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Priority disputes between old order mineral rights and prospecting rights or mining rights in South Africa: The Eagle has not landed

journal contribution
posted on 2019-01-01, 00:00 authored by Pieter BadenhorstPieter Badenhorst
As part of the radical transformation of the mineral regime of South Africa, the African National Congress (“ANC”) government introduced the Mineral and Petroleum Resources Development Act 28 of 2002 (“MPRDA”) on May 1, 2004. The MPRDA not only vested mineral resources in the custody of the state but also provided for application of new rights on merit by any applicant. The MPRDA also recognized prospecting rights, mining rights, and mineral rights of the previous mineral law dispensation as old order rights (“OORs”) that were subject to transitional provisions. Holders of OORs were afforded the opportunity to convert these rights, or to apply for new prospecting rights or mining rights during different periods of transition. By granting priority to holders of OORs during the periods of transition, it was envisaged that competing applications for prospecting or mining rights under the MPRDA would not be lodged. However, due to poor custodial administration and ulterior motives in post-apartheid South Africa, competing applications were considered and competing rights were granted to land that was subject to transitional rights. This Article shows how priority rules have evolved to deal with competing prospecting and mining rights. The Article examines whether these priority rules can be regarded as fair,and the ultimate question is raised as to who benefits by administration of these rules.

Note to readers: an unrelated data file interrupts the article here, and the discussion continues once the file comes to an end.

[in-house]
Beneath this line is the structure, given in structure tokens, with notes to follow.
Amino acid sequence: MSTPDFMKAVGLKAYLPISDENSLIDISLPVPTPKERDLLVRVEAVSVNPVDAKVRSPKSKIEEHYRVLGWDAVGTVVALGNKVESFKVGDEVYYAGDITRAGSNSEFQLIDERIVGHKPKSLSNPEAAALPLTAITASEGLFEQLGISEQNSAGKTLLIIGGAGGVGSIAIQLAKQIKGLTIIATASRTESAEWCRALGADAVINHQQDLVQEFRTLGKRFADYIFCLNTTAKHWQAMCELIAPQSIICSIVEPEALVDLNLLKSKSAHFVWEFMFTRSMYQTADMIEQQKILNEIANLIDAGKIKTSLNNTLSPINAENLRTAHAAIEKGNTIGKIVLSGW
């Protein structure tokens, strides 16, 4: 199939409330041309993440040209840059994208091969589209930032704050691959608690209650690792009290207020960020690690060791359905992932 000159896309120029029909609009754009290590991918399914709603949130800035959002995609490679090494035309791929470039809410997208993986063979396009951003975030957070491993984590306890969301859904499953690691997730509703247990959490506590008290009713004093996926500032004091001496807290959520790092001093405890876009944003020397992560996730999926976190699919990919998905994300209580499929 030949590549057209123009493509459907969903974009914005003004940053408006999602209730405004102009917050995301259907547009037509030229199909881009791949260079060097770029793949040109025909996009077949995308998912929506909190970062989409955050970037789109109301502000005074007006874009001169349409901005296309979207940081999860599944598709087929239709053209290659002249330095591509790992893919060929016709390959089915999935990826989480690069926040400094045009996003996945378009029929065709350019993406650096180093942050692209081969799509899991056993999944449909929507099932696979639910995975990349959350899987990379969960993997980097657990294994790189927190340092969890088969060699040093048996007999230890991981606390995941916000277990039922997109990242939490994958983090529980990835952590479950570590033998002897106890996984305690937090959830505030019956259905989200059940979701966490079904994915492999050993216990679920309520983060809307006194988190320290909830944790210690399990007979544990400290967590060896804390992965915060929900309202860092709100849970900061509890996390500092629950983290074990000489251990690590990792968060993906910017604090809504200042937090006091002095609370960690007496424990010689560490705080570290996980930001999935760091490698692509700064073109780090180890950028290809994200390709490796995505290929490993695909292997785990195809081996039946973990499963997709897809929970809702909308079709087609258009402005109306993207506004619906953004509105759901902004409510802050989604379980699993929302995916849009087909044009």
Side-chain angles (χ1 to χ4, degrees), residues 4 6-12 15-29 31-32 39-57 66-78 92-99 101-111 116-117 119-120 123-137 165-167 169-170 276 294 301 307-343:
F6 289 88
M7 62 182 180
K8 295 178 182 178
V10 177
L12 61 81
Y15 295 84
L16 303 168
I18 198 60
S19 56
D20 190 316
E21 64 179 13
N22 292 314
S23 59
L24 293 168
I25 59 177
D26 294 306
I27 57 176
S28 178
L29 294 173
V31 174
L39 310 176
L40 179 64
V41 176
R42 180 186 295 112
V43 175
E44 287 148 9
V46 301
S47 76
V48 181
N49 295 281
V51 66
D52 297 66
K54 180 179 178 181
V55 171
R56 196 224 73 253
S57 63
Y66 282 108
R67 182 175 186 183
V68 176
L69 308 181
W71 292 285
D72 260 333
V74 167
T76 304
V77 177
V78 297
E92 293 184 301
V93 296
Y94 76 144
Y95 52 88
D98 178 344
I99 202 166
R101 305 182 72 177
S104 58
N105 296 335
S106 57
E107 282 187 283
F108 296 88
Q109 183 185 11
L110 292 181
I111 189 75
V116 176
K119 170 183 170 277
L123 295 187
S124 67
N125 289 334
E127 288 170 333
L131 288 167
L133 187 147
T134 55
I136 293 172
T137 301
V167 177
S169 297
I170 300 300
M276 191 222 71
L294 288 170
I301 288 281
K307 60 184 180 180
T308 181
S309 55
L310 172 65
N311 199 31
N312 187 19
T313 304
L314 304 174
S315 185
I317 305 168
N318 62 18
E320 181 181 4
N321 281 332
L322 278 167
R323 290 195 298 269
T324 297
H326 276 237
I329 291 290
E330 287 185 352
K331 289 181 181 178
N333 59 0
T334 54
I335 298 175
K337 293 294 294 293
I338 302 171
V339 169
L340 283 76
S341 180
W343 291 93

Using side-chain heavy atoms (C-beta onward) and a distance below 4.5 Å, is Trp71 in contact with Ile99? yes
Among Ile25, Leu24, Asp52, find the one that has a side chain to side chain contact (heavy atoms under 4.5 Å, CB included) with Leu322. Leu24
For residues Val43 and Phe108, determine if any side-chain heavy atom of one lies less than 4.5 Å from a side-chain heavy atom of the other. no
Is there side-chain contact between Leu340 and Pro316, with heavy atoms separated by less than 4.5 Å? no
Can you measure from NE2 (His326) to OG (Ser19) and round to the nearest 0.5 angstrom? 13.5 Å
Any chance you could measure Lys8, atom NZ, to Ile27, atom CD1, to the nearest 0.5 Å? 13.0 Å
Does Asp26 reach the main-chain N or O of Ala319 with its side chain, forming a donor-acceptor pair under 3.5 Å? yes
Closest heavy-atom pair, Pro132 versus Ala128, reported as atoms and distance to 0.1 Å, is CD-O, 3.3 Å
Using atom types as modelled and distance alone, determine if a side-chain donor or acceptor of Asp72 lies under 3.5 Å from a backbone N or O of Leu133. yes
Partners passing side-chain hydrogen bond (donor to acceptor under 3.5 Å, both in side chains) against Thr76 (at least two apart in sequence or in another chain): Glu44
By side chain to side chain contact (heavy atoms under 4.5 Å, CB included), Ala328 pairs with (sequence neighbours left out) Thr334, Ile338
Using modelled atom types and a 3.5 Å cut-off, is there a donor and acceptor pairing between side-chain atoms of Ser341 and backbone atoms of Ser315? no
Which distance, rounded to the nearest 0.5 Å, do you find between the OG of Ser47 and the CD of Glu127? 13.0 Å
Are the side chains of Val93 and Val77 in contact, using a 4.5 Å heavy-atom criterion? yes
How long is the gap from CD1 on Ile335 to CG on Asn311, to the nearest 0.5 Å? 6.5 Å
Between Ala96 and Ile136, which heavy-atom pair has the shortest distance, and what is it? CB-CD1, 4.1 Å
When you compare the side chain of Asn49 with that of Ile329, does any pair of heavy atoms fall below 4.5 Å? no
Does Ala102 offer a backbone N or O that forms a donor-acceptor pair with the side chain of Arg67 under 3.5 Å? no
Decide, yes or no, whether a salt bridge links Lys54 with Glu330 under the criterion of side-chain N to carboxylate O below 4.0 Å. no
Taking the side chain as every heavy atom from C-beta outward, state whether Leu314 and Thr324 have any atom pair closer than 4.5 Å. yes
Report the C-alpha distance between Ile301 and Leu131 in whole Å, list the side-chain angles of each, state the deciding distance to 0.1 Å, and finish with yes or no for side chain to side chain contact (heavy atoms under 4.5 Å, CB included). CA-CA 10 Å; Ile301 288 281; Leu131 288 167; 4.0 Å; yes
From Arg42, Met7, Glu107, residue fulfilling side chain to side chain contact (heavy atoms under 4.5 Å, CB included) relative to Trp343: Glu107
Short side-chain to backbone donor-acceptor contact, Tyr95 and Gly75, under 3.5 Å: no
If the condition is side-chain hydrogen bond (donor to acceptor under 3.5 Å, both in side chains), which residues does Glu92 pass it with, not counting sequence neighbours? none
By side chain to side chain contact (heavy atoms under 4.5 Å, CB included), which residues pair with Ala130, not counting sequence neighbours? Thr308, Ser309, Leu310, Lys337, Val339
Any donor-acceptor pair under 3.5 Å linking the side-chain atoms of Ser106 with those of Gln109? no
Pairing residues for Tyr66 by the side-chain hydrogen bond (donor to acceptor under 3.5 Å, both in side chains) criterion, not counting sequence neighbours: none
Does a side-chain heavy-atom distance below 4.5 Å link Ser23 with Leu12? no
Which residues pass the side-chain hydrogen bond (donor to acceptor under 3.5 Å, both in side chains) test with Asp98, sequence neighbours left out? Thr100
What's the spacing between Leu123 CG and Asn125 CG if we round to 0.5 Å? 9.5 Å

History

Journal

Colorado Natural Resources, Energy & Environmental Law Review

Volume

30

Issue

1

Season

Winter

Pagination

35 - 66

Publisher

University of Colorado Law School

Location

Boulder, Colo.

ISSN

2327-0683

Language

eng

Publication classification

C Journal article; C1 Refereed article in a scholarly journal

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